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Leadership Women in Capital Markets 'job-shadow day' grows in leaps and bounds

Hosted this year by TD Securities, the event will allow students to attend interactive workshops that focus on the various careers available in the capital markets.

Zsolt Nyulaszi/iStockphoto

It's been seven years since Hanna Naiman walked onto her first trading floor at TD Securities. She was only 18 years old, but it still stands out as one of the most significant career opportunities she was given.

"It was like standing on a huge football field, full of activity and with a ton of flashing screens everywhere," says Ms. Naiman, who is now an associate at CIBC capital markets' business. "I had never imagined work could be like that and it was completely mesmerizing for someone as young as me. It was on that day that I realized that this could be the place for me."

Ms. Naiman was one of 30 female students who had the chance to sneak a glimpse into the world of Bay Street back in 2008 as a participant in the Women in Capital Markets (WCM) annual job shadow day.

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Today the event has grown in size to include 90 female Grade 12 students from across the Greater Toronto Area, who have applied to a business or related university program to learn first-hand about the different career opportunities in capital markets. The event, in its 12th year, takes place on Friday.

During the job shadow day, students will have an opportunity to hear from high-profile women working in the industry, and job shadow a capital markets professional at one of the participating institutions, which include BMO Capital Markets, CIBC Wholesale Banking, National Bank, RBC Capital Markets, Scotiabank Global Banking and Markets, and TD Securities.

"When you are in high school, a lot of the jobs you hear about are lawyers or doctors but you don't hear a lot about the investment industry," Ms. Naiman says. " I felt this could be an opportunity to let me see what was out there beyond that."

Hosted this year by TD Securities, the event will allow students to attend interactive workshops that focus on the various careers available in the capital markets.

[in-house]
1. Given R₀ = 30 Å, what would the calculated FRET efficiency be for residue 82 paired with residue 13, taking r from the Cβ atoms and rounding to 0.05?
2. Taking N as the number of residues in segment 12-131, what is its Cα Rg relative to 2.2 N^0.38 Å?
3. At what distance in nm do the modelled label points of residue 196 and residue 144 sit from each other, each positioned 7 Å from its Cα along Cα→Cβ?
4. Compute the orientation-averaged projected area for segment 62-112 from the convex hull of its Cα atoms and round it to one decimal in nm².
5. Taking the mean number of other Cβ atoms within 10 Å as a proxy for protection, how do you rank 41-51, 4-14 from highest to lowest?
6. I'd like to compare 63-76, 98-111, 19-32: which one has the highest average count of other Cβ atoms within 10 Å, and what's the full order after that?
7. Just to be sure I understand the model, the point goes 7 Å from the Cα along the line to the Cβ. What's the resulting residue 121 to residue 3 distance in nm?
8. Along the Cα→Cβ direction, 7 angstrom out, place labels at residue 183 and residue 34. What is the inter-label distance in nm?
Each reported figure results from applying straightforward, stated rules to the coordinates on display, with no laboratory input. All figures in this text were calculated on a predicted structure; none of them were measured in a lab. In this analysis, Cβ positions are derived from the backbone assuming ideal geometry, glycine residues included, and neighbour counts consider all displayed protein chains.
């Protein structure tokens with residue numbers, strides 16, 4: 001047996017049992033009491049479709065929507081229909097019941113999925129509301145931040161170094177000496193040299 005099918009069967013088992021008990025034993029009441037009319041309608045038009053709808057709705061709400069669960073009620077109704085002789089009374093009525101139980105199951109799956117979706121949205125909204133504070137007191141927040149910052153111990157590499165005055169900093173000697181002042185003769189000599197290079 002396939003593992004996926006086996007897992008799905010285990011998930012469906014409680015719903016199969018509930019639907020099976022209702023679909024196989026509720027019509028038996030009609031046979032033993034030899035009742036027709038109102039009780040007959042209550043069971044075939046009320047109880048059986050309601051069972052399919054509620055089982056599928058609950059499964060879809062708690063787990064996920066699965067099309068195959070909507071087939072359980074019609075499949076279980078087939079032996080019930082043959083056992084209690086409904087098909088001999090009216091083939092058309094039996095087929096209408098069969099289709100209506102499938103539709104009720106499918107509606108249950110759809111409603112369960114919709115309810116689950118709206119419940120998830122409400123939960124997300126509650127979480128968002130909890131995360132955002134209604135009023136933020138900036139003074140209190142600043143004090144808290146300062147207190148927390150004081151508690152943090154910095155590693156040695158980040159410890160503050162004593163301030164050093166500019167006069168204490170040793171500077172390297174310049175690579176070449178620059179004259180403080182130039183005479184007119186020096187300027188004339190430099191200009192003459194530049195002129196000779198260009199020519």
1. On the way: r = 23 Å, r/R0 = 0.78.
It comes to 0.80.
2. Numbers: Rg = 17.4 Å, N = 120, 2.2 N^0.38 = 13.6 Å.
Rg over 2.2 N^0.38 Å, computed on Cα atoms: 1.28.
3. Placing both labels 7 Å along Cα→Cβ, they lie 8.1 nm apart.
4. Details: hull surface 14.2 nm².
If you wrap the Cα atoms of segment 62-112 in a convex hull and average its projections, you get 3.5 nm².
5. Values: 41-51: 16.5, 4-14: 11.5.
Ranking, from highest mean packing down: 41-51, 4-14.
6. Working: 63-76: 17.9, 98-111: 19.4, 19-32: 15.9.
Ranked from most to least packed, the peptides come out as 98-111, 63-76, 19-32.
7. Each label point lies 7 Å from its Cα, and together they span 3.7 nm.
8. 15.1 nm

"One of the big hurdles for me coming into the industry was having access to information about the careers that are available in capital markets," says Deborah Grosdanis, chair of the High School Liaison Committee for WCM and an associate director in corporate banking at Scotiabank Global Banking and Markets. "I thought a banker was a teller until my second-year university because I wasn't growing up with anyone I knew in the industry and access to the industry certainly isn't as prevalent as it is today."

"Girls make so many decisions early on where they close doors on a lot of fantastic career opportunities" says Jennifer Reynolds, president and CEO of WCM. " So we have to make that connection for them and explain to them why it is important to stay in classes such as math, and we need to be providing them with real life examples not just what they see on TV."

Ms. Reynolds has aggressively been advocating for more women to enter into leadership roles in the industry. She believes the education has to start earlier than university. In addition to the job shadow day, WCM has programs that target younger females from grade 9 to grade 11, as well as a student buddy program between high school and university students, and a high-school business case study competition in Ontario.

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"All the banks are very focused on ensuring that they have a diverse group of new hires each year that includes women and they are working to change the perception of the industry to attract more women," Ms. Reynolds says. "We are seeing the numbers improve at junior levels and the challenge ahead is to ensure that talented women rise into senior roles and have an impact on the leadership of the industry."

For Ms. Naiman, the job shadow program introduced her to several senior level professionals and in 2011 she landed a summer internship on the CIBC capital markets' trading floor.

"During those four months I was able to work with many individuals who made sure I got involved in every aspect of the business," Ms. Naiman says. "That summer confirmed for me that this was a place where I knew I could succeed."

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